Peak in cases of mental disorders among genocide survivors
KIGALI from Rwanda
A peak of mental health cases was noted in Rwanda among survivors of the 1994 genocide which took place against the Tutsi ethnic group.
Although an increase in depression and other mental disorders is reported every year around April, coinciding with the anniversary of the genocide, experts said the latest peak has links to the COVID-19 pandemic, which has also fueled anxiety.
In just 100 days in 1994, around 800,000 people, mostly belonging to the Tutsi minority community, were killed in Rwanda by ethnic Hutu extremists.
Speaking to Anadolu Agency, Dr Jean Damascene Iyamuremye, director of the Psychiatric Care Unit at the Rwanda Biomedical Center, said COVID-19 has exacerbated mental health cases because it triggered fear and anxiety in the population.
The latest data indicates that the prevalence of depression among genocide survivors was 35.6%, compared to 11.9% in the general population.
Last year, at least 2,000 genocide survivors reported mental health issues just one month after the COVID-19 outbreak in the country, according to data from the Rwanda Biomedical Center.
âThere is also a link between mental health and individual well-being. Many people have been financially affected by the pandemic. These socio-economic factors such as the loss of jobs which have affected individual incomes explain the increase in mental health cases, âsaid Iyamuremye.
He added that the Rwanda Biomedical Center has worked with different stakeholders including the Association of Genocide Survivors (IBUKA) and the Association of Genocide Widows (AVEGA) to reach survivors with mental health issues.
âThe COVID-19 pandemic has affected the general population, but we understand how affected genocide survivors were given the other issues they faced. But we are working together to support them, at least every village has someone to follow them, âhe said.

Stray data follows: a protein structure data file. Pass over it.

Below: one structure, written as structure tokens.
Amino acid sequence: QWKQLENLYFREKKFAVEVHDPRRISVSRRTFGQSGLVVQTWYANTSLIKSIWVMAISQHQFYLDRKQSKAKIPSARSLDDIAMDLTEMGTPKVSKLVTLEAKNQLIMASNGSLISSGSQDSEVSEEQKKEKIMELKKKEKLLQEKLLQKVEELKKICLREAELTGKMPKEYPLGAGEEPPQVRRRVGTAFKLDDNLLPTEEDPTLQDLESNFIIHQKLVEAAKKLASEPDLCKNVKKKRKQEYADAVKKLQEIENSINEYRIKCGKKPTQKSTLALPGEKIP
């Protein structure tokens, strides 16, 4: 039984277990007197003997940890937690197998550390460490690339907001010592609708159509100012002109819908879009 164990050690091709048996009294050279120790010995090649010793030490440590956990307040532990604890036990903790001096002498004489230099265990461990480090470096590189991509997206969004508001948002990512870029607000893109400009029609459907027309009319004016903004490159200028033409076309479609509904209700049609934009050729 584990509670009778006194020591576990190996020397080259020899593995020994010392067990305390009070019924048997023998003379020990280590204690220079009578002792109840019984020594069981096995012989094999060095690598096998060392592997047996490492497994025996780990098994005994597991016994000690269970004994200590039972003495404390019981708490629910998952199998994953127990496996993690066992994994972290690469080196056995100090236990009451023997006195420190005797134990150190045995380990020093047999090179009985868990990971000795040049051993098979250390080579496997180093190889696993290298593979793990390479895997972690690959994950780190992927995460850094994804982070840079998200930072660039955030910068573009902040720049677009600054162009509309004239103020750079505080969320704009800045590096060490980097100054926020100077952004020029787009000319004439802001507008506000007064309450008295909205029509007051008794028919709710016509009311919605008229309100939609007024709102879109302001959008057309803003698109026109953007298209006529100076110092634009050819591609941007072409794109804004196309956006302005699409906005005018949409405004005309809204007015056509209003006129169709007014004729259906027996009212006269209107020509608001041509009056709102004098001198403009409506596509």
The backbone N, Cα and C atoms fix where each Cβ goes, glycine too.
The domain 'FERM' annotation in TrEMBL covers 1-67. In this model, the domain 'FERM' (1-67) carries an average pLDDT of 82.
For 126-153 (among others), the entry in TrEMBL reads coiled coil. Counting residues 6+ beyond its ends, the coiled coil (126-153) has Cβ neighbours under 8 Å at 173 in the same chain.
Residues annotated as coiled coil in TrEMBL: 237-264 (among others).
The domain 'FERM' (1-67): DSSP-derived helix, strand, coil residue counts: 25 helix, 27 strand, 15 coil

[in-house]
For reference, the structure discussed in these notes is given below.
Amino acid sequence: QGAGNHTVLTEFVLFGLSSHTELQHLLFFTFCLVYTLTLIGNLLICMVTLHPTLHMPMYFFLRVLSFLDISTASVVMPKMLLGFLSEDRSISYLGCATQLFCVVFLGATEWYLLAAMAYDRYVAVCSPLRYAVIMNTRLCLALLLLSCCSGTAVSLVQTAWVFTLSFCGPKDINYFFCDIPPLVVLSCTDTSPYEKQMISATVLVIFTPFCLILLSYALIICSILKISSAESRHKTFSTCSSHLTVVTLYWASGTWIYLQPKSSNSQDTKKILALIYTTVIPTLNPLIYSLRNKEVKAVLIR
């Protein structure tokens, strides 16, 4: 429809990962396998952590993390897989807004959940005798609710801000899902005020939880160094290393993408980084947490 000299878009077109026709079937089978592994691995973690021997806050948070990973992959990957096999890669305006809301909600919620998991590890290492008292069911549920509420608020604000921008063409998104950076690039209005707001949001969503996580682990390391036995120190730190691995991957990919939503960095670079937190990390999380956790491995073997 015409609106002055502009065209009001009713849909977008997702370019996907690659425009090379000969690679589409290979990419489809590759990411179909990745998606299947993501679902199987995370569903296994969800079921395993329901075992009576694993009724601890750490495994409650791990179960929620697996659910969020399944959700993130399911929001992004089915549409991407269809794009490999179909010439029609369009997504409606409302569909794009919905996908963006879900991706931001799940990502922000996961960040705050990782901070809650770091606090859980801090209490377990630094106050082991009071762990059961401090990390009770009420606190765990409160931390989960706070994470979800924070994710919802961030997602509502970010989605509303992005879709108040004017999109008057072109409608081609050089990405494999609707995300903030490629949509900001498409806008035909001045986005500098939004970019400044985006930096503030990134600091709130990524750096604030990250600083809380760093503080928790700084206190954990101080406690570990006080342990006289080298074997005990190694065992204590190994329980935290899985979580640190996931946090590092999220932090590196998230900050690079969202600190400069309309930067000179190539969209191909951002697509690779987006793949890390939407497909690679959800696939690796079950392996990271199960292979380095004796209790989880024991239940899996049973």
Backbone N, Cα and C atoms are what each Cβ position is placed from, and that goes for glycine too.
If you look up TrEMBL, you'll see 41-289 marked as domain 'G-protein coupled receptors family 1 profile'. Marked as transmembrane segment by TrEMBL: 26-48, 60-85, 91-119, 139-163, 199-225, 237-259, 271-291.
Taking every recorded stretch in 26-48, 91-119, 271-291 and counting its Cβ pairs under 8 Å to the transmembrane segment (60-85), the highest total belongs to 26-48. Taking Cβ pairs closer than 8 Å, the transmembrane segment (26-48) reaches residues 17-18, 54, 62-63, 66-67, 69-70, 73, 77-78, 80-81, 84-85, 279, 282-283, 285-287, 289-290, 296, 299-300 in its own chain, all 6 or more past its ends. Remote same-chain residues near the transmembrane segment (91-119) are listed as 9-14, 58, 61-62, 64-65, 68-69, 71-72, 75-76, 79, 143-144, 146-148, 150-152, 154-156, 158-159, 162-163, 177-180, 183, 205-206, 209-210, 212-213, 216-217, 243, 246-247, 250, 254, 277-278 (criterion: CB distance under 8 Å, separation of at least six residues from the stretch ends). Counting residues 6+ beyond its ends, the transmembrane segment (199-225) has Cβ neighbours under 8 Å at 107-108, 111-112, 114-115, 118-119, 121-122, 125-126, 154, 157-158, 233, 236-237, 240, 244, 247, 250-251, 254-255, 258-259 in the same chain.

Reaching out to mental health patients
Iyamuremyi said volunteers and community health workers have been assigned to reach and support survivors with mental health issues.
âSince the majority of them have cell phones, we encourage them to call and report their situation whenever they are not feeling well, they can call the focal points at the village level or report to them. district officials, âhe said.
Iyamuremyi said efforts are underway to increase staff capacity ahead of the upcoming 27th genocide commemoration.
âPeople with mental illness should try not to be left alone. They engage in different activities to keep themselves busy. They can try to connect with others over the phone. They are also advised to avoid rumors which could cause them anxiety, âhe said.
He added that common mental health issues faced by genocide survivors included migraines, insomnia, extreme anxiety and fear of death, among others.
Naphtal Ahishakiye, the executive secretary of IBUKA – an umbrella organization of genocide survivors – said volunteers have been asked to follow and monitor people with mental illness.
He said restrictions due to the lockdown have made it difficult for some survivors to access treatment. According to IBUKA, those who participated in group therapy were also unable to continue treatment.
Iyamuremye said that mental health needs more funds to effectively coordinate different activities such as treatment and prevention, combating associated stigma as well as awareness campaigns.
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